Elon Musk’s space ship to Mars, The Starship test vehicle, completed a successful test flight day before yesterday. The Mars ship is still a prototype, it managed to fly, or we can better say hopped to an altitude of 150m (500ft). The test-flight was unmanned, the test craft rocketed skywards for a short while and then deployed its landing legs and landed gently on the ground.
SpaceX Starship SN5 leaps towards Mars with 150-meter test hop
The Test Flight
This endeavor took place at the company’s test site which is near the village of Boca Chica in south Texas on Tuesday evening. The Starship uses SpaceX’s latest Raptor engine and this is its first test flight in almost a year. The test vehicle is made from stainless steel, Mr. Musk is so confident in stainless steel that he has used the same to build the rugged Tesla Cybertruck. The test vehicle has been named the “SN5”, the test vehicle took off at 7:57 p.m. EDT(eastern time) [23;57 GMT; 6;57 p.m. local Texas time). It did not go straight up; it flew sideways a bit during the entirety of the flight.
THAT THING CAN FLY?
— Supercluster (@SuperclusterHQ) August 5, 2020
The SN5 is the second test vehicle of the Starship prototype to be tested; the previous test was conducted a year ago. The other test vehicle was named the Starhopper and took a series of its own brief flights in the summer of 2019, even the Starhopper successfully completed a 150m hop before it was retired. Several of SN5’s predecessors were destroyed during the pressurization and the engine-firing tests.
How will the final version of the Starship be?
The final iteration of the Starship will be equipped with six raptor engines, it will a gigantic structure at 165 feet and has a payload capacity of 100 people according to SpaceX’s founder and CEO Elon Musk. The Starship will use an extremely powerful rocket called the Super Heavy for its launch, the Super Heavy is a rocket that is designed to launch “heavy” cargo to outer space, it features 31 raptor engines of its own. SpaceX has designed both these vehicles in such a way that they will be fully and rapidly reusable, this is going to save millions of dollars for the company, this will probably mean that SpaceX will be able to conduct manned missions to the moon, Mars and other “intergalactic” destinations at an economically feasible rate.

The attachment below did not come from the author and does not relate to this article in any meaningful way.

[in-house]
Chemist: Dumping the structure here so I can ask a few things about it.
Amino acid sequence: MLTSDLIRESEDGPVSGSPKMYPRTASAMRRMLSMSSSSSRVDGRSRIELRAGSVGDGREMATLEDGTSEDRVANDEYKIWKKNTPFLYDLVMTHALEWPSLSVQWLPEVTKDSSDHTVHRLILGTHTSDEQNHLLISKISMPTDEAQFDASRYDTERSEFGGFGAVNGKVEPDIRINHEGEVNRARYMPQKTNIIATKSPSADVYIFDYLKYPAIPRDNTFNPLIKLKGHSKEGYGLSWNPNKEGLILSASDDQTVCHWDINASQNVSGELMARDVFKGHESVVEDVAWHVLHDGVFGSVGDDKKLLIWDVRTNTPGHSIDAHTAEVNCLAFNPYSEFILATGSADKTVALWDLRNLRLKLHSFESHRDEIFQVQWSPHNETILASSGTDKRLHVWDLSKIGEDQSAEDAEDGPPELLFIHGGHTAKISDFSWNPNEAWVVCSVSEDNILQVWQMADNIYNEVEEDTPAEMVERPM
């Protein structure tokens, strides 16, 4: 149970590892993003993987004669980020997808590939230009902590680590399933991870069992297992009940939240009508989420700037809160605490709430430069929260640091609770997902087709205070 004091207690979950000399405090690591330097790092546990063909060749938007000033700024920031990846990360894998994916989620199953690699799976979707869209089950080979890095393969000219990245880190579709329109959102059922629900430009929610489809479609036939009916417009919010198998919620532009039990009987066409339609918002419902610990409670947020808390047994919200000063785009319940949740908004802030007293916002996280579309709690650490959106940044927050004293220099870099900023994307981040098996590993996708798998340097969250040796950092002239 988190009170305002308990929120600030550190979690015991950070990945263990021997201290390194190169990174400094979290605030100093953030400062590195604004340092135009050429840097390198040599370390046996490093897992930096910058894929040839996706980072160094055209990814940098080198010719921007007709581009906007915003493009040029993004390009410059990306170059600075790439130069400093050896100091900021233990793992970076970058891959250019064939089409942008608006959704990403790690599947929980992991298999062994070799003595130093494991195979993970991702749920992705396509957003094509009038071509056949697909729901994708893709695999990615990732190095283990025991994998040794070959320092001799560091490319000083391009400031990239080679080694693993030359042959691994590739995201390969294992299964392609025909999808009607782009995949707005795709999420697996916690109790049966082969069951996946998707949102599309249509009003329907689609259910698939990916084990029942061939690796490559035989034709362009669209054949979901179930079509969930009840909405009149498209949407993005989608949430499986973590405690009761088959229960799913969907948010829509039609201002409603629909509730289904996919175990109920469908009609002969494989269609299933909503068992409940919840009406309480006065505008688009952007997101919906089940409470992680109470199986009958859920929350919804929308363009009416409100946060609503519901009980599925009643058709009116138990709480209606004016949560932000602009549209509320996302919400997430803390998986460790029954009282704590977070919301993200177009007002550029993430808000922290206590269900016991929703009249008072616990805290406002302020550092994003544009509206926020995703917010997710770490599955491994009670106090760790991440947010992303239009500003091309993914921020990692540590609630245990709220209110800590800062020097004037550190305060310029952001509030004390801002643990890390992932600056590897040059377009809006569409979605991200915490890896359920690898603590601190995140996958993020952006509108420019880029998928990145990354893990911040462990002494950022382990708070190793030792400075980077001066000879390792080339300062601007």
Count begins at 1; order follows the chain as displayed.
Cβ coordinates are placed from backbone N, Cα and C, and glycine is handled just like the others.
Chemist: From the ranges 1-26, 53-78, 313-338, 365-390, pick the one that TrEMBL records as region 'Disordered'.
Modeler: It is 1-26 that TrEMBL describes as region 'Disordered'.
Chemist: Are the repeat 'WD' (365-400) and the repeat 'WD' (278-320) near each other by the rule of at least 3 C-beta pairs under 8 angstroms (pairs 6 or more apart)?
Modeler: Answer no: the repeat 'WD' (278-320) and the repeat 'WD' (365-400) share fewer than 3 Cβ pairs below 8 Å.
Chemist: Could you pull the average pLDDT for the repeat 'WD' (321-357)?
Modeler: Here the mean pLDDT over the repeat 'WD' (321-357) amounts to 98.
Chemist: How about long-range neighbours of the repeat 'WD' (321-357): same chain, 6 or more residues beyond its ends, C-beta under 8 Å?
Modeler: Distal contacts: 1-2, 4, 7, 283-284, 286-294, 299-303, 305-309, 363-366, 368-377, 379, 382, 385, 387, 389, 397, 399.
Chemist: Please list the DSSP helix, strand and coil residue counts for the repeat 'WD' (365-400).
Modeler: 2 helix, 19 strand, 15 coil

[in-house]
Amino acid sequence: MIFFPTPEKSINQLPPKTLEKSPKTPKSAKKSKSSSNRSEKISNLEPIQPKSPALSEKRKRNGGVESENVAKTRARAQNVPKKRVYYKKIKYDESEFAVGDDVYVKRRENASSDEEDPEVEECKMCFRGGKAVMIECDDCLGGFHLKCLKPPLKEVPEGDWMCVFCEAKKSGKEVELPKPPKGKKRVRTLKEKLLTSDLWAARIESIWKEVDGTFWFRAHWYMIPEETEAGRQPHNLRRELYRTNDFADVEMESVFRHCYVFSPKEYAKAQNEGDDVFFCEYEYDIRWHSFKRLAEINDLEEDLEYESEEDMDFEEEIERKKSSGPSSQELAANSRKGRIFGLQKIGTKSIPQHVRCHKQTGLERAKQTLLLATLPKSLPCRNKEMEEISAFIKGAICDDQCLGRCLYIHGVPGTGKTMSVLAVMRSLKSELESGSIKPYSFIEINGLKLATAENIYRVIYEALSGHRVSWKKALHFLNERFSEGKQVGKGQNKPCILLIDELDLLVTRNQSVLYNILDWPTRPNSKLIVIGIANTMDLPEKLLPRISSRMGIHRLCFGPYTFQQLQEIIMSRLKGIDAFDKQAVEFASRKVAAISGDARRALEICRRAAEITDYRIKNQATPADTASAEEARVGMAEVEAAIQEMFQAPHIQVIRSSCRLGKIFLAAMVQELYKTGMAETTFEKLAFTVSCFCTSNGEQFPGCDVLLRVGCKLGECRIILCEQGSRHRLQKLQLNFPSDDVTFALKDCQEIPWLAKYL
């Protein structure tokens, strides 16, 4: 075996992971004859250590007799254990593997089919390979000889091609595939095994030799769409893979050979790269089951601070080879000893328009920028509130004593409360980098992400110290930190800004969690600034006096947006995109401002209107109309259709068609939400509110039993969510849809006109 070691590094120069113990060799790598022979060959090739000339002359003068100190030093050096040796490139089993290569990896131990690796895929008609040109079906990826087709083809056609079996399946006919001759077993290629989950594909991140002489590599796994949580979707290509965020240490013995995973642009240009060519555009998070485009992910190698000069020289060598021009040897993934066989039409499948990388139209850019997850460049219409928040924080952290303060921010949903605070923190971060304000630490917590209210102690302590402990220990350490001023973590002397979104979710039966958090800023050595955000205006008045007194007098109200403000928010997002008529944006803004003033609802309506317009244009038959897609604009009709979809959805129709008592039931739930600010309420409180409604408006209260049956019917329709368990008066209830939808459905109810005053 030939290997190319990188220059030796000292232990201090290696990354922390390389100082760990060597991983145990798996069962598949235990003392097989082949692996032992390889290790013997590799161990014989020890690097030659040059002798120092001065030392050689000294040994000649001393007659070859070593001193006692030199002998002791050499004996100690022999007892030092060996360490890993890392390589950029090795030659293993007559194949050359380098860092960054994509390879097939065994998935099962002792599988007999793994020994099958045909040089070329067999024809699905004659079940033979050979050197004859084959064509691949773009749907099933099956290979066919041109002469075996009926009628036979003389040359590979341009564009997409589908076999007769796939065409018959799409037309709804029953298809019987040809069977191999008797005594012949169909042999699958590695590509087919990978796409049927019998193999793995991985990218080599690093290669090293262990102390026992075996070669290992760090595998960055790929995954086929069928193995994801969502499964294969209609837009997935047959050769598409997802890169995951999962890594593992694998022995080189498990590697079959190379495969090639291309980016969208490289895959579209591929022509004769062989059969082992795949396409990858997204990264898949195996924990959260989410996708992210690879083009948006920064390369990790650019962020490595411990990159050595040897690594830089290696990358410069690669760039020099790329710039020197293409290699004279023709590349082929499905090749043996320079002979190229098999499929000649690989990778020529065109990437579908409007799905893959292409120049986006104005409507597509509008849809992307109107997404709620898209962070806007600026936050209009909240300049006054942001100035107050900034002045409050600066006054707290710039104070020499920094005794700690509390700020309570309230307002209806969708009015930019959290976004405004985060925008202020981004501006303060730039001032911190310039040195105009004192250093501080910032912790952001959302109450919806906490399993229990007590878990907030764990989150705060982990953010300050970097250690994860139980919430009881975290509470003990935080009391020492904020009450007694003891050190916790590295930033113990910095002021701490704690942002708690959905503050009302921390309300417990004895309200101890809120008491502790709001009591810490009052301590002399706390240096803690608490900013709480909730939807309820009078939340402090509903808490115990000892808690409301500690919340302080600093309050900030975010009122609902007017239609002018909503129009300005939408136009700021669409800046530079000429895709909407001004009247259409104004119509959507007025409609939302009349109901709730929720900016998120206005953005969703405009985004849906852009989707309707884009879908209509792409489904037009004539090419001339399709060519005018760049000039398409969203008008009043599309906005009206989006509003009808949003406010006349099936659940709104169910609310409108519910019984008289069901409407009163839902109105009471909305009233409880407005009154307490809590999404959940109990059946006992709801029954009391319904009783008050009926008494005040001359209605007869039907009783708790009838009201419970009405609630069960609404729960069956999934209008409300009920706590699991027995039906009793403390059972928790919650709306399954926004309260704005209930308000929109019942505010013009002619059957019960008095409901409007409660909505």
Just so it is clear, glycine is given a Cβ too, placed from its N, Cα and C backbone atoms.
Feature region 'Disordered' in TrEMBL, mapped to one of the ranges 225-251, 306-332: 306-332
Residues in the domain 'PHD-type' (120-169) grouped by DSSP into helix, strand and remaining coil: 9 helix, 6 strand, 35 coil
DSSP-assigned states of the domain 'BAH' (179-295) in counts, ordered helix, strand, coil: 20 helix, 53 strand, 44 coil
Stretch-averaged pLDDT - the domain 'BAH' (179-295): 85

Mars is still long freaking way away. So very far. But the first step is low-cost, frequent access to space for tons of stuff. This is the first step toward that first step. And it's a big one.
— Eric Berger (@SciGuySpace) August 5, 2020
The Superheavy unlike conventional launch vehicles that are designed to crash back to Earth after each liftoff, will be able to launch the cargo and then land back to be reused again for multiple launches. The Starship has enough thrust of its own to get to the moon or Mars and then return back to Earth, although the starship has only a fraction of the Superheavy’s power, it will be able to lift off from Moon and Mars as these celestial bodies do not a very strong gravitational pull like Earth.
Musk has been obsessed with Mars since forever, the primary reason behind establishing SpaceX back in 2002 was to colonize Mars someday. If things go according to Musk’s plans, the SuperHeavy will be able to launch the Starship to Mars, his aim is to set up a human colony, specifically a million-person city on Mars in the next 50 to 100 years. This equates to an entire human lifetime, but these colonize are to be developed and used to their maximum potential by the generations that come after us.
To Infinity and beyond
The Starship to Mars is still in its testing stages and there is a lot of work to be done before the vehicle can actually be launched, besides, no versions of the Superheavy launch vehicle has been built yet. SpaceX will have run millions of computations and permutations before D-Day. The next series of tests will take place in the coming weeks; it will be similar to the hops we saw now. After that Musk said that they will conduct a high altitude test with body flaps. SpaceX is progressing in this mammoth endeavor one step at a time.